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Texas Student-Athlete Spotlight: Felicia Izaguirre-Werner
March 13, 2012

By Rachel Frey
Big 12 Campus Correspondent

Texas Rowing senior Felicia Izaguirre-Werner has quietly helped lead the Longhorns since she first stepped on campus, according to assistant coach Melissa Perrone.

“When she came to the Forty Acres as a freshman, she was part of a large class, and we saw the tide change with the success of the team,” Perrone said. “I saw right off the bat that she was not the most vocal, but she led by example. She has been bow seat in the first varsity eight for the past three seasons, and now going into her fourth season.”

The senior does more than just lead her teammates on the water. She is an active part of the Student-Athlete Advisory Council, and has encouraged her team to organize clothing drives for the Austin Women’s Shelter and volunteer with children after practice.

“It isn’t so much about being a leader, it is more about being the person who can show up, set the example and get people to do things,” Izaguirre-Werner said. “I think it is because I am so proactive, such as getting people to do community service, to step up their game and to get excited. I think that is why they think of me as a leader.”

The senior believes that volunteering has helped develop the leadership skills of her teammates, as well as prepare them to be role models to others. Perrone has seen the benefits of Izaguirre-Werner’s actions on the team.

“You can be a tough athlete and be a role model,” Perrone said, “but if you cannot communicate that, it is not going to be absorbed. People will not benefit from you. The team definitely benefits from her, and she is going to be a tough loss after this season.”

With just more than four months left for her to row on the Longhorns crew, she is focused on a NCAA Championship berth, more than her impending graduation.

“There are a lot of decisions I have been trying to put off,” Izaguirre-Werner said. “I don’t want to stress myself out, I want to enjoy my last semester. My goals now are to go to NCAAs, make the final, have an awesome semester, and finish everything solid.”

Her current goals are much different from when she started first started rowing during her freshman year of high school. Then, she saw it as a way to cross train for her competitive figure skating, but now, her experience on the ice has helped her become a stronger presence on the water.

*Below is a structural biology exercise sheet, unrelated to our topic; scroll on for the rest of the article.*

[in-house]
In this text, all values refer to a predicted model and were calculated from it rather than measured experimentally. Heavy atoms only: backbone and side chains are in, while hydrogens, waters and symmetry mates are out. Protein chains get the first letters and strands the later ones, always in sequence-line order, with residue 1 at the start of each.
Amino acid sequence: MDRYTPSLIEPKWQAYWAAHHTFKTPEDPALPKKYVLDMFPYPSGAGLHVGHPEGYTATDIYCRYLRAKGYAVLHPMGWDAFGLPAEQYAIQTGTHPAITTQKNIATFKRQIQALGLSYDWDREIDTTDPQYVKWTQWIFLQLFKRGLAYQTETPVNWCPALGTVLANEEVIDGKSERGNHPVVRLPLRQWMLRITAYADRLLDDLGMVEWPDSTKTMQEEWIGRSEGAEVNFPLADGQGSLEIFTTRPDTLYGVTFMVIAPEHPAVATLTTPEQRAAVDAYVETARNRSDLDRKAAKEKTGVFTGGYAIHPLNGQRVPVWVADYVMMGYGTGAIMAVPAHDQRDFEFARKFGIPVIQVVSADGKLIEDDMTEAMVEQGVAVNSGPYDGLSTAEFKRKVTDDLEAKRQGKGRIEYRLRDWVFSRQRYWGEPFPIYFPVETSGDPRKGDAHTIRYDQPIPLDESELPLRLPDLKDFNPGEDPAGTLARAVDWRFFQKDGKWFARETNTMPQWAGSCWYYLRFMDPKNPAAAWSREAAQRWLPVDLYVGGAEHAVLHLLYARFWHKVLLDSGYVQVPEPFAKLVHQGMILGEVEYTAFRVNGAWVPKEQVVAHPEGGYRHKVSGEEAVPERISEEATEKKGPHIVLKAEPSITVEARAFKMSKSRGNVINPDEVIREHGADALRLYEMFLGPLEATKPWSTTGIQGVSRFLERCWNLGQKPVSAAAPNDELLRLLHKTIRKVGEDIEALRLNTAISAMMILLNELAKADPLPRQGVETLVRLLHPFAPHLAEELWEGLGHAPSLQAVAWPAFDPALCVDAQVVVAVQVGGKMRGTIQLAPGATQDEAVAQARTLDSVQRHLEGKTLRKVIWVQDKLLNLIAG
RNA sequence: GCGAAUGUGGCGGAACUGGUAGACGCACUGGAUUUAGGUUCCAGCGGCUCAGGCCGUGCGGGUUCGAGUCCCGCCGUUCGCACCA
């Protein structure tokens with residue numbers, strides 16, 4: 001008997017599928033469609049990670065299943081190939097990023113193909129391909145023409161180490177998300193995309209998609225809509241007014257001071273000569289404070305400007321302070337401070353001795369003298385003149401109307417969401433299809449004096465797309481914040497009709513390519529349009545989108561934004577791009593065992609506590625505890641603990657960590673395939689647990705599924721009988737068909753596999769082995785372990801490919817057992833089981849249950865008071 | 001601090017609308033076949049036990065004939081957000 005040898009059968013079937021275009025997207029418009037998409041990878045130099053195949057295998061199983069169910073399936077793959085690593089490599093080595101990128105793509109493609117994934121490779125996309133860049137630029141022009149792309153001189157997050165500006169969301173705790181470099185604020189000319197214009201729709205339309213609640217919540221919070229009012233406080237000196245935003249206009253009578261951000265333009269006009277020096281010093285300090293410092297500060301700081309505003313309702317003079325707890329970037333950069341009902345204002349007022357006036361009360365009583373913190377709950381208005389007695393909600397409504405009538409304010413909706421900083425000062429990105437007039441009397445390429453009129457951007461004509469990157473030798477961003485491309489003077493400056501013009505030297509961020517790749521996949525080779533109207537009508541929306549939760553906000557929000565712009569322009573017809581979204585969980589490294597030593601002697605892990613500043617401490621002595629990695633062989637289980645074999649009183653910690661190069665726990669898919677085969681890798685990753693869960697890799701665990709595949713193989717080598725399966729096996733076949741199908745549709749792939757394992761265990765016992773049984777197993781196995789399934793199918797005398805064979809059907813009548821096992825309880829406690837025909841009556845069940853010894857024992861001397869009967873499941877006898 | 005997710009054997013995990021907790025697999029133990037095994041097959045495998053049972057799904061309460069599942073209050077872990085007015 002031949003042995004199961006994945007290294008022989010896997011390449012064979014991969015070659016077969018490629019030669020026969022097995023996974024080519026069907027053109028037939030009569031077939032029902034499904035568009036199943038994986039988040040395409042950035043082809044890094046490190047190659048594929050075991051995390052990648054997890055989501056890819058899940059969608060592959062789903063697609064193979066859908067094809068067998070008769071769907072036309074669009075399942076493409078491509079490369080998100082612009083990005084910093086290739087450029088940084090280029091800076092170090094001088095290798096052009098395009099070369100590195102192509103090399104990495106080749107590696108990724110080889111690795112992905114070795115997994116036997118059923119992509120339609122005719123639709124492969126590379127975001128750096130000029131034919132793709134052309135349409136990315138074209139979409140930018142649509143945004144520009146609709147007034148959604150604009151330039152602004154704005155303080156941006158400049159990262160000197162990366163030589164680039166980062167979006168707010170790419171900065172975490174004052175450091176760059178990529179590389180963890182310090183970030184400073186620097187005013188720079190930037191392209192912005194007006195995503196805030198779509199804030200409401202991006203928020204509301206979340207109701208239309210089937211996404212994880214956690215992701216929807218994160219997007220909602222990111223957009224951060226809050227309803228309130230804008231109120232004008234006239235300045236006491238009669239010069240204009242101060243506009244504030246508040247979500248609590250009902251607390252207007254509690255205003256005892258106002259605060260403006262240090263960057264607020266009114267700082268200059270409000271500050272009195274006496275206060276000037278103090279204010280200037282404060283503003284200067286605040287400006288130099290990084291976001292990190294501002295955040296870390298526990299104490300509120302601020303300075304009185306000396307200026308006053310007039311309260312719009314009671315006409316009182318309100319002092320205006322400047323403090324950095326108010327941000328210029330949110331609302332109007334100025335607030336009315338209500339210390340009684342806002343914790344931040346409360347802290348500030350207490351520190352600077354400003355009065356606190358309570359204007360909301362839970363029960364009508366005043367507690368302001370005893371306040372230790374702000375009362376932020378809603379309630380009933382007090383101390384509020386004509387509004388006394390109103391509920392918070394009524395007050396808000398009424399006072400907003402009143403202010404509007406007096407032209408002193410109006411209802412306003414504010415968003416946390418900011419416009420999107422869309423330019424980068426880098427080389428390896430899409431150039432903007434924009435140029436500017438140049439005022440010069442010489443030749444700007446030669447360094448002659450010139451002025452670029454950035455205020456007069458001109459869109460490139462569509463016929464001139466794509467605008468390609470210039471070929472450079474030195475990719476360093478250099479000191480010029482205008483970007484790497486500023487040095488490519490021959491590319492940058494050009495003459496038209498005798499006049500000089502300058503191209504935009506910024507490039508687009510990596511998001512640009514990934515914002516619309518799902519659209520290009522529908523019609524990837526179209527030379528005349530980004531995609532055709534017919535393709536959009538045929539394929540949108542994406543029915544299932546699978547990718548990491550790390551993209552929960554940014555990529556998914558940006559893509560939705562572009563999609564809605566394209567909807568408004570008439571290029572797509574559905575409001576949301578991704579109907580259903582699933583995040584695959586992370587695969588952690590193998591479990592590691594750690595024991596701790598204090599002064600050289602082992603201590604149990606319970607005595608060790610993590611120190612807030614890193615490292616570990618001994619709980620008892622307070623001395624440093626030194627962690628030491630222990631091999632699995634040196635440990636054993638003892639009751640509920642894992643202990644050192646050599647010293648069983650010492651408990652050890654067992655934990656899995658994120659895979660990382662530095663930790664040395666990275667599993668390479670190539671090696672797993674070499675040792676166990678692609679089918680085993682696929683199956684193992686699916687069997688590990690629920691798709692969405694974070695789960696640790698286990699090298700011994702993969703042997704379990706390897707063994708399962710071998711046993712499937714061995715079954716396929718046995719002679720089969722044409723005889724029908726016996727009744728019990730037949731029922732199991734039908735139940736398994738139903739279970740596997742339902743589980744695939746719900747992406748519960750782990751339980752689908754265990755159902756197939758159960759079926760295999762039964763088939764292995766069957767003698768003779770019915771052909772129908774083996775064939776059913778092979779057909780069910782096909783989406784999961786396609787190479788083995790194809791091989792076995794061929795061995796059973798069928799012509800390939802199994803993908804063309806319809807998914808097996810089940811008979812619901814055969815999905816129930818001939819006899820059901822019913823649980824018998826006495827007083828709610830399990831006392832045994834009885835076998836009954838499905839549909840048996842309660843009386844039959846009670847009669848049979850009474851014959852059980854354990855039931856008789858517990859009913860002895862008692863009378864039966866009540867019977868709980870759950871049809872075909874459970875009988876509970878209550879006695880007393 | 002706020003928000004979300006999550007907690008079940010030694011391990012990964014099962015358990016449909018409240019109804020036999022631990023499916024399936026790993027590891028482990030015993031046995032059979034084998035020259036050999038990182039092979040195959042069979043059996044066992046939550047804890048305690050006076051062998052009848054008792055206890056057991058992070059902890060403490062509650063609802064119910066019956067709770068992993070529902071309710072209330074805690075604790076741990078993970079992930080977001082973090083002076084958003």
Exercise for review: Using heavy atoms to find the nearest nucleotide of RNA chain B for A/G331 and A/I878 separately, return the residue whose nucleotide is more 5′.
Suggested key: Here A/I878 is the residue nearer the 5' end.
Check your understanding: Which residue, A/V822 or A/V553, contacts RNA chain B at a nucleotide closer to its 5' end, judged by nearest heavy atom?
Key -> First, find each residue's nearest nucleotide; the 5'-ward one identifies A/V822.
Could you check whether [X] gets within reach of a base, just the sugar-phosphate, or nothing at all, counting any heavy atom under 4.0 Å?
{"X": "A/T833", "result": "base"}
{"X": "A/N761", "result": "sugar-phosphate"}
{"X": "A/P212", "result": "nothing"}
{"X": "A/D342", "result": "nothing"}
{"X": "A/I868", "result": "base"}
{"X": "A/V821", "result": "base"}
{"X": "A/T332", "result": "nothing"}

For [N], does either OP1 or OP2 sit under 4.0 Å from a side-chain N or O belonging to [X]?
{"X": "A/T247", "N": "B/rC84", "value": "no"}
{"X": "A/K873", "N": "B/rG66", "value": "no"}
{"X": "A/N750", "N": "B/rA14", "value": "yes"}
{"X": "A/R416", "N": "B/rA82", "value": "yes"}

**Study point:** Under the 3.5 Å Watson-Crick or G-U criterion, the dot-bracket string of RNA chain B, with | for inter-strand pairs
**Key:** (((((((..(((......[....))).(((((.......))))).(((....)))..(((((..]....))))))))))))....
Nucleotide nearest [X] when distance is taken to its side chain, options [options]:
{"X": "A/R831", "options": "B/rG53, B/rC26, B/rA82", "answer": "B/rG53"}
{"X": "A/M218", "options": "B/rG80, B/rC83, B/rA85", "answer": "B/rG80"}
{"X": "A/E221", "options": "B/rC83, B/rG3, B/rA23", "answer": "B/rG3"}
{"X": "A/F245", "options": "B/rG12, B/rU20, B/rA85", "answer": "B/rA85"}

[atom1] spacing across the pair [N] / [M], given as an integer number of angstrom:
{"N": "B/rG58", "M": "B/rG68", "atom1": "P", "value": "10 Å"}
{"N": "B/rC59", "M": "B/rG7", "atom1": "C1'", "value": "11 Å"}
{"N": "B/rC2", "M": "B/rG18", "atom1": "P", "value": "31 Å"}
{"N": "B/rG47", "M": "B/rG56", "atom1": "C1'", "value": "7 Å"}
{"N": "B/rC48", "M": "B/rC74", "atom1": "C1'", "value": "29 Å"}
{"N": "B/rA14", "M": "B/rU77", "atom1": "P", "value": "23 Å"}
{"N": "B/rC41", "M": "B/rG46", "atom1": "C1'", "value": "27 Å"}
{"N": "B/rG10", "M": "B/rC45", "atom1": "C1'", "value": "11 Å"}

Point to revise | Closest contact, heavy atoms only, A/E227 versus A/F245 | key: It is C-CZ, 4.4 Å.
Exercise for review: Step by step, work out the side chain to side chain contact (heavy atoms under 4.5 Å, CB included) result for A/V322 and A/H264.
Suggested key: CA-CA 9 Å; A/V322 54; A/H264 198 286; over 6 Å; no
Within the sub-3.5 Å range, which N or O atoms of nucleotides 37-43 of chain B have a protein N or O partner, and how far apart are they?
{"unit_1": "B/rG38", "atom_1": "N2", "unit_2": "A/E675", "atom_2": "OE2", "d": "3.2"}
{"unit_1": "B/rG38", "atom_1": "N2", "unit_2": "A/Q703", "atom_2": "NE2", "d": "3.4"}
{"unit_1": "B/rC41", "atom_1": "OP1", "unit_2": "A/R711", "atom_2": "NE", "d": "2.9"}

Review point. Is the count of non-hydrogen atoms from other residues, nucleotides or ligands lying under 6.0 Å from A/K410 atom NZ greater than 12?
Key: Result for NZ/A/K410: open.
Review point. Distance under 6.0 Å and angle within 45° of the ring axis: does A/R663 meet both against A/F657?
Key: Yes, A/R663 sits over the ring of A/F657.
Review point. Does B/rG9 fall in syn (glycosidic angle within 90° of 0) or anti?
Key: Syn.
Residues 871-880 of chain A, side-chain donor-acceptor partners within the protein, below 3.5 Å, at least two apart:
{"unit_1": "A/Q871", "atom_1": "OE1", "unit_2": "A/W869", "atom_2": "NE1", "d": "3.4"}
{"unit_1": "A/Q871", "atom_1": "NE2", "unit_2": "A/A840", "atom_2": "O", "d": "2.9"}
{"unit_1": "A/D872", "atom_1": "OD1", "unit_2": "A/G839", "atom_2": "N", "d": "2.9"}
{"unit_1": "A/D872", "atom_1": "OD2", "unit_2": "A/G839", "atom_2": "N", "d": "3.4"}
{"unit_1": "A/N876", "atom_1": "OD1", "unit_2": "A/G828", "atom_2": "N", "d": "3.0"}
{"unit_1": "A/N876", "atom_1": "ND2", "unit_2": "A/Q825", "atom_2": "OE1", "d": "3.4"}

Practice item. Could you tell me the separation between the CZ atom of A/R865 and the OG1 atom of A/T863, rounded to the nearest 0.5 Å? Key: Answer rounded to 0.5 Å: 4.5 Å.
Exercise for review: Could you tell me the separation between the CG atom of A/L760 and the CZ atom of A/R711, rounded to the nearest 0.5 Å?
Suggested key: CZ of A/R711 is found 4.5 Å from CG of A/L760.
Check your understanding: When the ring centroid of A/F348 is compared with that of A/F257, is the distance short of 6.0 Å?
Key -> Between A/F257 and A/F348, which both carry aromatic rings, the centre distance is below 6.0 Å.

“I remember head coach Carie Graves realizing ‘she was such a great figure skater, that is probably why she has such great body awareness and sense of balance,’” Perrone said.

Perrone went on to say Izaguirre-Werner has an ability to adjust the way she rows to offset the balance of a boat to correct it, which is one reason why her teammates enjoy rowing with her.

“Even if she is not on paper the strongest athlete out there, she enables every other athlete in the boat with her to be stronger,” Perrone said. “During recruitment, she sent me a picture of herself doing a handstand in the water. Her sense of balance and her body awareness has helped her overcome her height.”

Izaguirre-Werner admits she is relatively short for a rower. At 5-foot-7, she says she usually wears her hair on top of her head, so that she looks the same height as her teammates in pictures.

“I’m sure she had some struggles with people taking one look (at her height) and saying no, and that is tough,” Perrone said. “That is probably what makes her tough. You have to overcome these obstacles and prove people wrong.”

Izaguirre-Werner has definitely excelled so far during her rowing career. She helped Texas earn two conference championships last season (Big 12 and Conference USA), and has competed at the CamAmMex Regatta, English Henley and Canadian Henley.

She represented her province of Ontario in the Canadian Games in 2009, where she helped her Ontario crew to a victory over British Columbia in one of the tightest races in which she says she has ever competed. However, her least favorite thing about rowing in her home country is practicing on machines in the winter, since the lakes freeze over.

“[The fact that the water does not freeze over] was the biggest selling point for me about Texas,” Izaguirre-Werner said. “Our assistant coach said, ‘Well Felicia, you know the water never freezes.’ And I thought about how that would cut down my indoor season significantly, so I was sold.”

The climate change from Canada to Central Texas proved to be a tough adjustment for her and the other Canadian rowers. She recalled their first August in Austin, when they would run from building to building to get out of the heat as quickly as possible. She also says that the Texas pride is much different than from what she expected.

“One thing that is very different in Texas is how much pride people have in everything,” Izaguirre-Werner said. “I really like that so many people feel passionate about something, and it makes me excited when people are excited about being a Longhorn.

“It makes me realize that I am privileged to be here, to be bleeding burnt orange, to have that Longhorn on my shirt everyday, and to be able to represent the Texas logo across the country.”

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